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Rainbow Reading: Have You Heard About This Queer YA Retelling of Julius Caesar?

illustration by A. Andrews

Hello and salutations! I’m back with my metal detector and my pockets are stuffed full of finds from the literary internet the last couple weeks, and in a rare display of self control from yours truly, I have not mentioned Severance once. That show has taken over my life, and after saying on twitter that it felt like Orphan-Black-meets-The-Office, I’m rewatching the Gay Clone Show again too.

After finishing Laziness Does Not Exist, I’ve been curling up with Michelle Hart’s forthcoming We Do What We Do In The Dark, which arrives May 3, and it’s excellent. I’ve got Quantum Girl Theory on deck after this, and I’m also looking for more queer sports romance and experimental queer nonfiction recommendations if anyone’s got em. Sound off in the comments!

Anyways, let’s make like a boulder and roll. On this week’s Rainbow Reading, we’ve got:


Shelf Care: Reviews, Essays, and other Things of Note

“That’s me. You might be wondering how I ended up in this situation—”
Congrats to bestsellers She Gets the Girl and Portrait of a Thief!

The Red Zone: A Love Story by Chloe Caldwell

“I’m really into thinking of writing and this book as a kaleidoscope. So it’s like, turning the lens off of me and onto other people. And each person’s passage is another turn of the kaleidoscope, seeing a new period in a new way through a new person’s eyes.”

Chloe Caldwell in her conversation with Analyssa about periods, PMDD, and that weird blue “blood” in tampon commercials


Autocorrect: Books content from the last couple weeks at Autostraddle!


Early Career Queer Spotlight:

Congrats to Kelly McLennon on the publication of her first short story in a literary magazine! You can read her story “A Chance” here at OpenDoor Magazine.


That’s all she wrote, folks! If you’re a queer writer, particularly an early-career queer writer: I’d love to hear about the cool things you’re up to so that I can share links to your published essays, book reviews, short stories, poems, and longform features on LGBTQ+ topics! Please email me links for consideration at yashwina@autostraddle.com with the subject line “Rainbow Reading Submission” — I’m an avid browser-tab-collector, and I especially want to hear from you if you’ve just landed your first publication or first major byline.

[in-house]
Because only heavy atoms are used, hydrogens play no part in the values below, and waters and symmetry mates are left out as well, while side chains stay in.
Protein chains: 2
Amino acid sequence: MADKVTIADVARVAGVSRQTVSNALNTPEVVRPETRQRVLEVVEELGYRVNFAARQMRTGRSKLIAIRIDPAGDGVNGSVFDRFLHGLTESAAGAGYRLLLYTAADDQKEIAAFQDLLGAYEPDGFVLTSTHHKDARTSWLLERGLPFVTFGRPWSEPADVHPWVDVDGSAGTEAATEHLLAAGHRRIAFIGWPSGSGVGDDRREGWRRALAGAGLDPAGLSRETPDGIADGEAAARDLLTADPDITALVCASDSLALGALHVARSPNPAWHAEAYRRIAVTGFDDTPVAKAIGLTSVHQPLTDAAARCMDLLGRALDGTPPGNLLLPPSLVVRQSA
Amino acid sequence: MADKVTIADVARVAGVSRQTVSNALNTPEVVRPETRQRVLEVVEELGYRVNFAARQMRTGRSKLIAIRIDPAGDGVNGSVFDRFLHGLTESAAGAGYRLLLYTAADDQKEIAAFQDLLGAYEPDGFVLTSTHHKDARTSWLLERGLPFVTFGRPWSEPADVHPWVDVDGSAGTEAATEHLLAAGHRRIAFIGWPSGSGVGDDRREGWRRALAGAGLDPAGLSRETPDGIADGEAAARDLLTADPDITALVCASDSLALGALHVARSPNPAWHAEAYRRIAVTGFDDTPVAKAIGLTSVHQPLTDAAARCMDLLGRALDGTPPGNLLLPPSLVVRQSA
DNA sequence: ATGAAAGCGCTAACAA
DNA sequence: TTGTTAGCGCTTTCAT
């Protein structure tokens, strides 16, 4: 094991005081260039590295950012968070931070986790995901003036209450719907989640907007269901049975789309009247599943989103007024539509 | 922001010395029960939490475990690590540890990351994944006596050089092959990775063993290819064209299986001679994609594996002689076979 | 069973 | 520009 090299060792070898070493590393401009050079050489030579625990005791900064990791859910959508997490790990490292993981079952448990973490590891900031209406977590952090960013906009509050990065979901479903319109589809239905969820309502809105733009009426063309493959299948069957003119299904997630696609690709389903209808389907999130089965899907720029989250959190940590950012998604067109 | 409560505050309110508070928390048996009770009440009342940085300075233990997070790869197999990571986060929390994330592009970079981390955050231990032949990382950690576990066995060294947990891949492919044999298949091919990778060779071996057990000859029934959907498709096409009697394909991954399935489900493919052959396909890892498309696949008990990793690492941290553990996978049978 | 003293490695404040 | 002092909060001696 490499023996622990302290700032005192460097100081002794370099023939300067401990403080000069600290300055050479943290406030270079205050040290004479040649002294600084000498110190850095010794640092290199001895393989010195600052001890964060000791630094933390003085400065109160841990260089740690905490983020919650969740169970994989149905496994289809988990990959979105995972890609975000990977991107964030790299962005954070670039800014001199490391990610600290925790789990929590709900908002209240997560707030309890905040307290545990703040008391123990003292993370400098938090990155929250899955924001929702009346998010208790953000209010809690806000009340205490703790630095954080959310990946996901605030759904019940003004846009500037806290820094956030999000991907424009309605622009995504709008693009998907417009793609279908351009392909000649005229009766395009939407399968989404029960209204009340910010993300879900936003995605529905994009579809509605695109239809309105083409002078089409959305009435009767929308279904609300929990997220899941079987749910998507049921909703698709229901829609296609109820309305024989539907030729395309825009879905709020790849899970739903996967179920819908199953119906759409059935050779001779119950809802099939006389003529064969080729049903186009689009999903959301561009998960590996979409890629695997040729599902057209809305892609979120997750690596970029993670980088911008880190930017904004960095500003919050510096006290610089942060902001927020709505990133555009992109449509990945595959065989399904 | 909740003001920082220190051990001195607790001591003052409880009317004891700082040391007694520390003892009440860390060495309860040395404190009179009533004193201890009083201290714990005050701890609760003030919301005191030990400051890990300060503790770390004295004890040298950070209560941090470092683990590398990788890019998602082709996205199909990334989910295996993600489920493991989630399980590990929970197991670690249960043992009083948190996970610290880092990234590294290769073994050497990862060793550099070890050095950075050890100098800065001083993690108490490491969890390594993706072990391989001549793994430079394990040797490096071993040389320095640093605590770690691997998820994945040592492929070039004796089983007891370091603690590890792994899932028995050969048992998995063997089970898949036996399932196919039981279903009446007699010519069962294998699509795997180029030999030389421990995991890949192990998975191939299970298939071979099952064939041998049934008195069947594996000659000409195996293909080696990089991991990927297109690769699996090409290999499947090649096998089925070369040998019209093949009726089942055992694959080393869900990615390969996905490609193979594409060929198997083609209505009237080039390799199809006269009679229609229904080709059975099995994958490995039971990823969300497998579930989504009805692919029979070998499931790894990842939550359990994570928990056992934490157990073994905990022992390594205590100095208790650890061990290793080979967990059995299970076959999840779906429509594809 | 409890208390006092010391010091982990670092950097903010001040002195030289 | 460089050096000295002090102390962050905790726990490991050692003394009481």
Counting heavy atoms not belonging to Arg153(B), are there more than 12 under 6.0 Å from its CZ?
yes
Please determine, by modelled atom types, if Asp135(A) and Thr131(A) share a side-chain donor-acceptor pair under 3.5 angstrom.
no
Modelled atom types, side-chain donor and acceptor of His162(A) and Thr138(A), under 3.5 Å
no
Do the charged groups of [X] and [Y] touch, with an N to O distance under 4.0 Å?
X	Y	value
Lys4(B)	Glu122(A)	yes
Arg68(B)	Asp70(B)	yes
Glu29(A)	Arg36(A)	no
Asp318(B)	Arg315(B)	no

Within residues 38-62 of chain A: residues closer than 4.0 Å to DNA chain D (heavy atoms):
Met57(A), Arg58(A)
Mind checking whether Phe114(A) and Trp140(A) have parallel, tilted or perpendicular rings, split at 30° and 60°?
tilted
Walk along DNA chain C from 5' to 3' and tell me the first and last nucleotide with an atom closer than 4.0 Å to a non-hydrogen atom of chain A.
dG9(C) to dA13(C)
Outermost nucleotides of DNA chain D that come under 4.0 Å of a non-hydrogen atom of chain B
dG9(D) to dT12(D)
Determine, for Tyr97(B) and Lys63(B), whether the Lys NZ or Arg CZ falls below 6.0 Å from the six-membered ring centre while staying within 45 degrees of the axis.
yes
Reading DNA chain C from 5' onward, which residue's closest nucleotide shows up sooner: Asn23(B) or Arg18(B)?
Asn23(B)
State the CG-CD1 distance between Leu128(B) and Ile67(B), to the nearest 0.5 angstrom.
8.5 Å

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Yashwina

Yashwina Canter is a reader, writer, and dyke putting down roots in Portland, Oregon. You can find her online at @yashwinacanter.

Yashwina has written 37 articles for us.

8 Comments

  1. I have really started looking forward to these columns every fortnight – your enthusiasm for books is infectious, Yash!

    Not to put a dampener on that enthusiasm, but after reading a few YA gender-flipped/queer retellings of famous literature/fairy tales etc. (there have been so many! do we need a list!) I am starting to temper my expectations. I will see if my library gets Take Her Down in, but if it does not deliver on the bisexuality and backstabbing, I will be devastated!

  2. gay shakespeare ya! i have a whole shelf for that on my book list! Last True Poets of the Sea by Julia Drake is a book of my heart, and That Way Madness Lies is an anthology edited by Dahlia Adler that’s all retellings!

  3. A couple people recommended Rachel Spangler for queer sports romance last time and I want to third that and plug my two favorites. The first is Thrust, an incredibly sweet and hot second chance romance set in the world of Olympic fencing.

    The second is Fire and Ice which was my first WLW romance checked out of the library because the idea of a “curling romance” sounded so ridiculous it must be good. And it was! A disgraced sports reporter is sent to Buffalo for one last change to redeem herself, much to her dismay the assignment is covering a whole season of curling, something that is definitely not a sport. She antagonizes the whole team but the captain with a heart of gold doesn’t give up on her, romance ensues.

    A good deal of my non basketball/football sporting knowledge comes from Spangler’s books because they are so talented at getting into details of sport without disrupting the narrative. There’s a scene early in Fire and Ice that I love where our bitter journalist insists curling must be easy cause it’s just sweeping a little broom on ice and insists on playing—without knowing the rules—to prove it. That scene gave me the basics but by the end of the book I was capable of explaining not just the rules but the strategy and physics of curling.

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